Blend of fact and fantasy
Sethu, winner of the Vayalar Sahitya Award this year, feels that a book is a partnership between the reader and the writer.
No book is complete when the writer completes it. It becomes complete only in a reader's mind.
Photo: H. Vibhu
CREATIVE RAPPORT: Sethu says he has a loyal group of readers who travel with him in his literary journey.
In today's competitive world it is not easy to attain excellence in any field. When a person simultaneously scales the peaks in two areas that are as diverse as chalk and cheese it is nothing short of incredible. The winner of the prestigious Vayalar Sahitya Award this year, Sethu, has managed to reach the pinnacle in the literary world as well as the banking profession.
"I am happy to have won this coveted award. I was amazed by the prompt and wide coverage given by the media on the day the award was announced. I feel that such coverage will instil interest in the common man to read such works," says the writer
After having had his first short story published in a Malayalam magazine in 1967, this writer rose quickly to become one of the harbingers of the `New Wave' in Malayalam literature in the Seventies. But while many writers faded away, Sethu has stayed on at the top echelons for over three decades. A winner of many awards like the Kerala Sahitya Akademi award and the Padmarajan award, he has now won the Vayalar Award for his novel `Adayalangal.'
Sethu joined State Bank of Travancore as a probationary officer in 1969 and worked there for 25 years. Then he moved on to two other banks before capping his career with a six-year stint as Chairman of South Indian Bank until he retired in 2005.
"Many have asked me how I juggled two diverse careers for over 35 years. I have managed it without much difficulty. Time was never a constraint. What matters is how you prioritise. I never had to write under compulsion or write for a living, since I had another profession. Whenever I had the urge to write I created time. For example, `Adayalangal' was written entirely during my tenure as the bank chairman," says Sethu.
He adds, "People often ask me if writing is my hobby. It is not. It is a much more serious affair, a painful process where you often internalise a character's tensions and trauma."
He feels that today's youth are obsessed with the flippant kind of campus-oriented programmes on television.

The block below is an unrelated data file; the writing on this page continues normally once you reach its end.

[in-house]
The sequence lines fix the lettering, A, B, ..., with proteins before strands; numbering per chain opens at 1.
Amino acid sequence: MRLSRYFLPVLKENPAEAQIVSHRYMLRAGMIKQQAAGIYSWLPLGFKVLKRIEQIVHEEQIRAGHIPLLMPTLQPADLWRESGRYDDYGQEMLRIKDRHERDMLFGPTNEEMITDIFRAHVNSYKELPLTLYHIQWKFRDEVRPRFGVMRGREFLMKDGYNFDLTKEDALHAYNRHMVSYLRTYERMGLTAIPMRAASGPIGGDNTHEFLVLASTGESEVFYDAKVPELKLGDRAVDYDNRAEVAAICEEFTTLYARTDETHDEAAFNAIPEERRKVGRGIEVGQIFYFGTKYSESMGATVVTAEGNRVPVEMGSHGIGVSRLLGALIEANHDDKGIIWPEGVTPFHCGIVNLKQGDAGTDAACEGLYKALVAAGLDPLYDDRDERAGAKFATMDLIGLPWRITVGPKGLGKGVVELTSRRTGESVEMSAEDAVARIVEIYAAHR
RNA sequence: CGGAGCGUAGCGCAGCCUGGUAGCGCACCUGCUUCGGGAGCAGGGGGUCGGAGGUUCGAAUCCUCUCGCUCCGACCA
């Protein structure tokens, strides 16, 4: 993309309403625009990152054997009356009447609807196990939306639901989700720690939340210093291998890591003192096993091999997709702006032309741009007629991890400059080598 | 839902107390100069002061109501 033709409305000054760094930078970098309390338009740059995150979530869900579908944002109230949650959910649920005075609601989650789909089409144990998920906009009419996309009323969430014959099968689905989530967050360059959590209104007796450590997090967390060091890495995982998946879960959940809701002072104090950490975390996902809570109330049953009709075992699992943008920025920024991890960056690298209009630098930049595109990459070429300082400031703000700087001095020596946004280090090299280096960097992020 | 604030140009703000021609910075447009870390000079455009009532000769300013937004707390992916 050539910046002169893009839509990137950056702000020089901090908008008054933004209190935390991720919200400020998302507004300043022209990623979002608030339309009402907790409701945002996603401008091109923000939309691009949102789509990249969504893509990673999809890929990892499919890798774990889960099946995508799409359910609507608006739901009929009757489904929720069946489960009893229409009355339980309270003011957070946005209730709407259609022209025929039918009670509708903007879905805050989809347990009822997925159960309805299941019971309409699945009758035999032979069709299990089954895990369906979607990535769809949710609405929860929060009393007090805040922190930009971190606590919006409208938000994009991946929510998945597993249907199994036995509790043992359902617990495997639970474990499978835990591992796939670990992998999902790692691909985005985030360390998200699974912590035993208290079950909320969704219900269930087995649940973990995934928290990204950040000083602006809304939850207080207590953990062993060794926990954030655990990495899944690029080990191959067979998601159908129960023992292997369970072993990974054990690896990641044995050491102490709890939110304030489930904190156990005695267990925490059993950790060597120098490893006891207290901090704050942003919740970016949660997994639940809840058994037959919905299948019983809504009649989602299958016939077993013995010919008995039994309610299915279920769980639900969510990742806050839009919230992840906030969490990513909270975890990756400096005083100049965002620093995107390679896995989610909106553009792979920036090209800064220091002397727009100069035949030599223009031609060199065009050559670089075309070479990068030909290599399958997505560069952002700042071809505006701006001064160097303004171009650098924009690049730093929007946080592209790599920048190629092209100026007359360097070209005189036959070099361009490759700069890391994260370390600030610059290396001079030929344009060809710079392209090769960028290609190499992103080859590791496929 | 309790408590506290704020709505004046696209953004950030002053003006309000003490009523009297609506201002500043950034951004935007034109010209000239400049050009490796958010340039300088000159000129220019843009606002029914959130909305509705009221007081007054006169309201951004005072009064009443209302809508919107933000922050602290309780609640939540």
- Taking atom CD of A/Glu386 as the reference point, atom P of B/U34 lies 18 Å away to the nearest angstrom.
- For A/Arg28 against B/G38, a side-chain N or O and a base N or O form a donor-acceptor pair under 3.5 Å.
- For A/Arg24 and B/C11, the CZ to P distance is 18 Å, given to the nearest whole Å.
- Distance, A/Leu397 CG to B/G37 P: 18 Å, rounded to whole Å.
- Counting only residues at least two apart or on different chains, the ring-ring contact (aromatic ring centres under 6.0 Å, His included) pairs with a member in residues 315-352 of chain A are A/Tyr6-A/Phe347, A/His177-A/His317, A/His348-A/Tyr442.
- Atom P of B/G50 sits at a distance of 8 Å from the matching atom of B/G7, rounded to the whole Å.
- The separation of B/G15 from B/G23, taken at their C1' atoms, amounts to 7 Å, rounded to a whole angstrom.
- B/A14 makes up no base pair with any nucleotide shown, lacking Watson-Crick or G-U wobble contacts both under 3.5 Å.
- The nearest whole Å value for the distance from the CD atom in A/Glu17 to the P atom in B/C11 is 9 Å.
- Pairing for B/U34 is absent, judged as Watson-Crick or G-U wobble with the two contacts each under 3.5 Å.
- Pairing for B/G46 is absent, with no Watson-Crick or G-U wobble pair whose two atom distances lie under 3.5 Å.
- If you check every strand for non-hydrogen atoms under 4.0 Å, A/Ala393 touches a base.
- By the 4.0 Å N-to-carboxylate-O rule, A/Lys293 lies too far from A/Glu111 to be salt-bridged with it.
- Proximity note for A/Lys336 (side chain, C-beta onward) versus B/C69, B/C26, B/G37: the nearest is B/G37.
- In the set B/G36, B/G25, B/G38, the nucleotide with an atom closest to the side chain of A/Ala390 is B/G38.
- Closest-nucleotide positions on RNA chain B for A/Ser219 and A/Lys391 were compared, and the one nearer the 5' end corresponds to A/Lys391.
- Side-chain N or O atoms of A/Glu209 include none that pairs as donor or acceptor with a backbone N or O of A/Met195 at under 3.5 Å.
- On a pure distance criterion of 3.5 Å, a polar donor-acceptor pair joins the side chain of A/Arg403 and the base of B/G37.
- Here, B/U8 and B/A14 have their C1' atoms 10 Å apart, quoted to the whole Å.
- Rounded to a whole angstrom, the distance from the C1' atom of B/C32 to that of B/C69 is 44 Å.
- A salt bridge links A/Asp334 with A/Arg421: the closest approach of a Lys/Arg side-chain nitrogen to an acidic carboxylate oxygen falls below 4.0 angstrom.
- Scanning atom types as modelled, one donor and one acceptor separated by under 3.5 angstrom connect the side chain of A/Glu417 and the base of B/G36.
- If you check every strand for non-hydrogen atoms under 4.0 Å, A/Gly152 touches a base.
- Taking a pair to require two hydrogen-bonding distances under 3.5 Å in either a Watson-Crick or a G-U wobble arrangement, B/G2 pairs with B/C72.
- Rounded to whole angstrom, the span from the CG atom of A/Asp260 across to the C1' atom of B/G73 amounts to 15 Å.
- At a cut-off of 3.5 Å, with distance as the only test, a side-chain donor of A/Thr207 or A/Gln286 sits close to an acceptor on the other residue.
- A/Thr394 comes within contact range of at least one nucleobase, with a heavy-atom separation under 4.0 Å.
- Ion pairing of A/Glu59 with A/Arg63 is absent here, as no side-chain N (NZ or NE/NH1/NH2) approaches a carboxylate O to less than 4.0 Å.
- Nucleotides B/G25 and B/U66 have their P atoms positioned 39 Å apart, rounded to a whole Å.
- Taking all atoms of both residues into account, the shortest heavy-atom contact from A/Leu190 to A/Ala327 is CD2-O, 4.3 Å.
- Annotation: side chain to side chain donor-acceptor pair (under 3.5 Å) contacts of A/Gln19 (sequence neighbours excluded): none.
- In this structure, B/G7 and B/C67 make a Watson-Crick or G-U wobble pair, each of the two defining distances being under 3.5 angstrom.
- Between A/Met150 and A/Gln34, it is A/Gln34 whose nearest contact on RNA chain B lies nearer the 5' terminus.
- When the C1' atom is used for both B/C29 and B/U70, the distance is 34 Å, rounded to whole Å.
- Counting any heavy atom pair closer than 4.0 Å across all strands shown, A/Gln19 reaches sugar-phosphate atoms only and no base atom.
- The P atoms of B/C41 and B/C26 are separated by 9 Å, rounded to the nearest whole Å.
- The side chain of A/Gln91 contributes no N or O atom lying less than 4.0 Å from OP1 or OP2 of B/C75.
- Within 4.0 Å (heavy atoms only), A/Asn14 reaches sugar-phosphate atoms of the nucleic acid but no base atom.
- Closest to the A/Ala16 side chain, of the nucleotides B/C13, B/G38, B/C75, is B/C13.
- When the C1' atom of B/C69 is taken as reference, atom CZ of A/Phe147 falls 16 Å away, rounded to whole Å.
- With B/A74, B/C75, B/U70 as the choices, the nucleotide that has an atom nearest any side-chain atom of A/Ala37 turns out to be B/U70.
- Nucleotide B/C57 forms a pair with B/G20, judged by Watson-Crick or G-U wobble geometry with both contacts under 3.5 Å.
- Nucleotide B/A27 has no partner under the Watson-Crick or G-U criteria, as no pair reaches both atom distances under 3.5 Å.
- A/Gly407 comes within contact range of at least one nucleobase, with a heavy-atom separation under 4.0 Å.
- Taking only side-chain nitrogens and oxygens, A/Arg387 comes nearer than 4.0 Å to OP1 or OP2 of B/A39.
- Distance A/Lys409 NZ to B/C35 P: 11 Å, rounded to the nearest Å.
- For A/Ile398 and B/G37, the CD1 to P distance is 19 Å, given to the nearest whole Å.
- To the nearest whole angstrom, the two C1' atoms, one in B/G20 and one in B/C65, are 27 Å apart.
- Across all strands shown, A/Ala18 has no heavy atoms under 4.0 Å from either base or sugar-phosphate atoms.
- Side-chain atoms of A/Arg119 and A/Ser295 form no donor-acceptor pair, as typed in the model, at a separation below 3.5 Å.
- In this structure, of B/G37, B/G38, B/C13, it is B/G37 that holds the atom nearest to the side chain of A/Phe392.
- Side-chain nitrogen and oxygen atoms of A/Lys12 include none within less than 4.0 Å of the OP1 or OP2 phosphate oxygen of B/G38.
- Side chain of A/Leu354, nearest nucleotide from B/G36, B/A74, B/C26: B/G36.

"In the Sixties and Seventies, the campuses had a large number of serious readers who discussed and analysed books. But today serious reading among the youth is on the wane. But I am optimistic. This must be a passing phase, as it proved to be in the West."
This is because he feels that a book communicates in a unique one-to one fashion with a reader, generating a creative rapport between the writer and the reader.
"A reader reads in solitude. Each reader finds a new meaning based on his imagination and interpretation. In fact, it is a partnership between the writer and the reader. No book is complete when the writer completes it. It becomes complete only in a reader's mind."
His stories are noted for a delightful blend of fact and fantasy right from `Pandavapuram' in 1976 to `Adayalangal' in 2005.
Has he ever experienced a conflict between self-expression and communication?
"Never. As I said, each reader becomes the writer's partner during the reading exercise. I have always had a loyal band of readers who have travelled with me in my literary journey. I have often been fascinated by some readers' interpretations of my works."
And he adds, "I have never compromised on my writing style. I have found that the realistic method of narration will not always suffice to narrate a story. That is why I bring in myths and legends into my writing. I do not do this consciously. It comes on its own during the process of writing. The writing evolves. The writer is often in a trance. This is the ultimate ecstasy for a writer. It is an exhilarating "high" that one experiences during a creative process. This is what a writer lives for."
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